Hundreds of families honouring Owen Jenkins with purple ribbon campaign

The ribbons which Emma Heath has made with Tina Hayes feature Owen's name printed on them.

Hundreds of Beeston residents will tie purple ribbons to their homes to pay their respects to a ‘kind and caring’ 12-year-old boy who died after going into the River Trent.

Owen was seen going under the water near Beeston Marina a week last Monday, July 10.

He is said to have gone into the river to save a friend’s life and his body was recovered by emergency crews four hours later.

Jolene Haywood, 41, is a self-employed florist and lives near Beeston Weir, where Owen died. She knew Owen well and is a “good friend” of his mum Nicola.

Jolene says Owen’s favourite colour was purple and the waterproof ribbons she is making are similar to those commonly wrapped on wedding cars, so Beeston is a sea of purple for his funeral on Saturday, August 5, at Bramcote Crematorium.

The ribbons made by Jolene Haywood.

Another group, meanwhile, has designed small purple lapel ribbons printed with Owen’s name which people can attach to clothes.

They were made by Tina Hayes, who lives in Toton, whose son Ethan, 13, was good friends with Owen through playing rugby.

Tina printed the ribbons with Emma Heath, 40, from Chilwell, whose daughter Millie, 14, also knew Owen from school.

They have printed around 2,000 ribbons which can be collected from Nottingham Casuals Rugby Club.

The lapel ribbons are free – but donations can be made for the family.

Emma said: “It’s been a team effort between myself, my daughter Millie, Tina and her mum.

“This evening we are hoping to gather a few of the rugby mums to help us finish the last few hundred, we will have almost 2,000 ribbons, each printed with the text.”

Jolene Haywood says the Beeston community has been “really shaken” following Owen’s death and his family is “well-known in the community”.

“Nicola Jenkins is one of those people who would do anything for anyone and people just want to pay a bit of respect to show we’re all supporting her and her family and Owen who was such a great lad,” she said.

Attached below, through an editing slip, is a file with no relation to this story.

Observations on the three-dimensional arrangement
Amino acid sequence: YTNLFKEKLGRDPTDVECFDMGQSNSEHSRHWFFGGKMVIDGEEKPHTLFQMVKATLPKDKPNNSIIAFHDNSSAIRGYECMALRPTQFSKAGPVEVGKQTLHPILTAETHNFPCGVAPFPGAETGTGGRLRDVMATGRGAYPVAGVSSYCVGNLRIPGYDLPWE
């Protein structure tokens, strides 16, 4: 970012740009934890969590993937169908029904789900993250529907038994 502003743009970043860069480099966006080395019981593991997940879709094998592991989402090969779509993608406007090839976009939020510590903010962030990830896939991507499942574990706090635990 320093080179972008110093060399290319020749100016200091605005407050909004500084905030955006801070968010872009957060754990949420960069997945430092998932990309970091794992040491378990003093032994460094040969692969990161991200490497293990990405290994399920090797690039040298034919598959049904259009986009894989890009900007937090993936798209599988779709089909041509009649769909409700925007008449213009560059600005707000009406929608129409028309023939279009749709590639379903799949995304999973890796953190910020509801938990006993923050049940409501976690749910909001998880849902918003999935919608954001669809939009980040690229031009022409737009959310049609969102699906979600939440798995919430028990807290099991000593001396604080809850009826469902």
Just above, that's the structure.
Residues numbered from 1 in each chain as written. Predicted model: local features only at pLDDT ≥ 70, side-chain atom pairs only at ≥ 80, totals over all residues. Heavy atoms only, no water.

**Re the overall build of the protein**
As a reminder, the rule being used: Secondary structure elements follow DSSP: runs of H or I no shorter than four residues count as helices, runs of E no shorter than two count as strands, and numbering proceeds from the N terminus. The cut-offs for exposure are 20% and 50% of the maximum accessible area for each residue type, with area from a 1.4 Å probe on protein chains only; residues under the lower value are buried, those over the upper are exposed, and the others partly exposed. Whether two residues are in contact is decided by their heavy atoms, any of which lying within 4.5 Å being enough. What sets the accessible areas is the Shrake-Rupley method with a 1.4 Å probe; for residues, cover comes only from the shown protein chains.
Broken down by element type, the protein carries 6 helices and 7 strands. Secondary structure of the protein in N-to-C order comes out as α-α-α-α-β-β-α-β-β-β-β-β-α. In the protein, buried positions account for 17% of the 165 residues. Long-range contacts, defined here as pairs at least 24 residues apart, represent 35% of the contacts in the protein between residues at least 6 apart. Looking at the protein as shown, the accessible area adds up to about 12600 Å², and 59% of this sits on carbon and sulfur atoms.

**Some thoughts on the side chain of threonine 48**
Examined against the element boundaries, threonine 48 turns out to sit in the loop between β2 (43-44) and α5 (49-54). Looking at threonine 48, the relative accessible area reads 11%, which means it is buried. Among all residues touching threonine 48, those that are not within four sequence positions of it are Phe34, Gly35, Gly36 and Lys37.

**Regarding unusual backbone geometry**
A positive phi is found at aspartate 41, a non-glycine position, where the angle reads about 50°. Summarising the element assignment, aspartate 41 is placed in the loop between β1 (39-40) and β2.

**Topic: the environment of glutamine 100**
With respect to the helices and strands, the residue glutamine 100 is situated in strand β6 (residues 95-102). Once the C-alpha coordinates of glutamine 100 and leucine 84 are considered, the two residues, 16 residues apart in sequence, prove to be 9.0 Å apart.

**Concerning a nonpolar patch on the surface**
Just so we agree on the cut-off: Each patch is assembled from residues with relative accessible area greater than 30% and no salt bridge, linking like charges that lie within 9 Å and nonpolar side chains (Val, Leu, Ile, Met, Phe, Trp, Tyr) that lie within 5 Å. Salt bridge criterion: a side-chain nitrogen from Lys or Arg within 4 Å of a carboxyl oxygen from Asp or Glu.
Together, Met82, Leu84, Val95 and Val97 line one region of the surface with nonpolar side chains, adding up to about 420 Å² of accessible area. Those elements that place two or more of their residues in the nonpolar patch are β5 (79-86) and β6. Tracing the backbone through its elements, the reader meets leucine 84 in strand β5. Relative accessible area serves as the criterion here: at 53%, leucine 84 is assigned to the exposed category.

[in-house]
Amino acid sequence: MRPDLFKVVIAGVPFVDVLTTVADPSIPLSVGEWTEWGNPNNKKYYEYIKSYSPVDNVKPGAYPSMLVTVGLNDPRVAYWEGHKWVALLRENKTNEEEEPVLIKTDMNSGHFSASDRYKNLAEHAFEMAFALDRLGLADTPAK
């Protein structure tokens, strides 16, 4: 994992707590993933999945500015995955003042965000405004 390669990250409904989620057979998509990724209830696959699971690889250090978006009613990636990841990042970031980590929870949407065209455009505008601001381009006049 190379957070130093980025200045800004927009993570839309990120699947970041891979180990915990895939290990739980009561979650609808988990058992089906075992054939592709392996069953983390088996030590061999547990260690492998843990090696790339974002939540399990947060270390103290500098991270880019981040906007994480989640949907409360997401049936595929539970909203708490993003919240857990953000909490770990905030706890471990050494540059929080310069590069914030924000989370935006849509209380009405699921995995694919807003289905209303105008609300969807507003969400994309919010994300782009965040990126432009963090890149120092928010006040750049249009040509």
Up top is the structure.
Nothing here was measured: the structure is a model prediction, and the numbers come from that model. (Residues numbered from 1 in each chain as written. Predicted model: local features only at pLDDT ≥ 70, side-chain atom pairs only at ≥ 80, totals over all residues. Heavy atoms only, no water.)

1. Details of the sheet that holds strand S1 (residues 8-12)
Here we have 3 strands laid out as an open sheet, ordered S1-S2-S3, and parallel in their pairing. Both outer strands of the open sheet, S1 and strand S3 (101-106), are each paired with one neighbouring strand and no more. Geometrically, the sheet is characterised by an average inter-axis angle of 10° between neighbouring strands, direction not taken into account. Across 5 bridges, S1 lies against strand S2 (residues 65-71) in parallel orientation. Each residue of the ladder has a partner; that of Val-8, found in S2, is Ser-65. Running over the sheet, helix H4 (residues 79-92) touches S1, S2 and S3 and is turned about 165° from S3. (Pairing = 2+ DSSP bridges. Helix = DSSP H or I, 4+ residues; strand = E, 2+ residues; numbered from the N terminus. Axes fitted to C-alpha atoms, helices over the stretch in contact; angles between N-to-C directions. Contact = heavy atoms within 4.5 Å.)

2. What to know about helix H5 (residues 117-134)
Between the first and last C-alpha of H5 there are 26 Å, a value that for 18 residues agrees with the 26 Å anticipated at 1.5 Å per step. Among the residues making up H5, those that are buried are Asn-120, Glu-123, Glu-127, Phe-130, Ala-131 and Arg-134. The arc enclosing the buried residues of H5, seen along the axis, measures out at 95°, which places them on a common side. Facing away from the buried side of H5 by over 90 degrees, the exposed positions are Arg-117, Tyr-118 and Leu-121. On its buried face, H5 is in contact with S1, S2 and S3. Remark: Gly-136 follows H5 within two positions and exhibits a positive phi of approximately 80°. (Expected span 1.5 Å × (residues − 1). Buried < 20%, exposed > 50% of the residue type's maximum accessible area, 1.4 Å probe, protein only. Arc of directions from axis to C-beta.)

Beeston Marina. (picture: Google)

“He [Owen] was funny, kind and caring. He loved his mum to bits. They had such a special relationship.”

Jolene says she made between 400 and 500 bows last night with her daughter Chloe – which she is encouraging the community to tie around their fences, gates and fronts of their houses.

The idea is called Let’s Paint Rylands Purple and the ribbons have been delivered to a number of local shops for people to collect for free.

Jolene says she thought up the idea “a couple of days ago” and the support from the community has been “amazing”.

“I thought about making bows to put by the weir,” she said.

“I popped by to see Nicola and she said it is a great idea. My oldest daughter Amy said we should call it Let’s Paint Rylands Purple.

“Last night (July 19) my phone was going crazy with shops offering to have some of the ribbons for people to collect – many people have offered to make the bows.

Emergency services searched for Owen.

“Everybody wants to get involved in some way – even people from Chilwell and Attenborough have bows in their shops.”

A charity motorbike ride led by Owen’s brother Jordan takes place on Sunday (July 23). A group of around 500 bikers, including members of the group Nottz Bikerz, will travel to the weir before holding a minute’s silence.

Members of the group will collect donations for Owen’s family on the day.

So far £10,130 has been raised on an online fundraising page for Owen’s family, although more money has been raised in total thanks to efforts collecting money in cash.

Jolene added: “All the bows are free of charge for people to collect. As a community people can take the bows to show their love and support for the family.

“Broxtowe Borough Council said it is fine for us to decorate the bridge and shops on Wollaton Road, so the route is purple for Owen’s funeral.”

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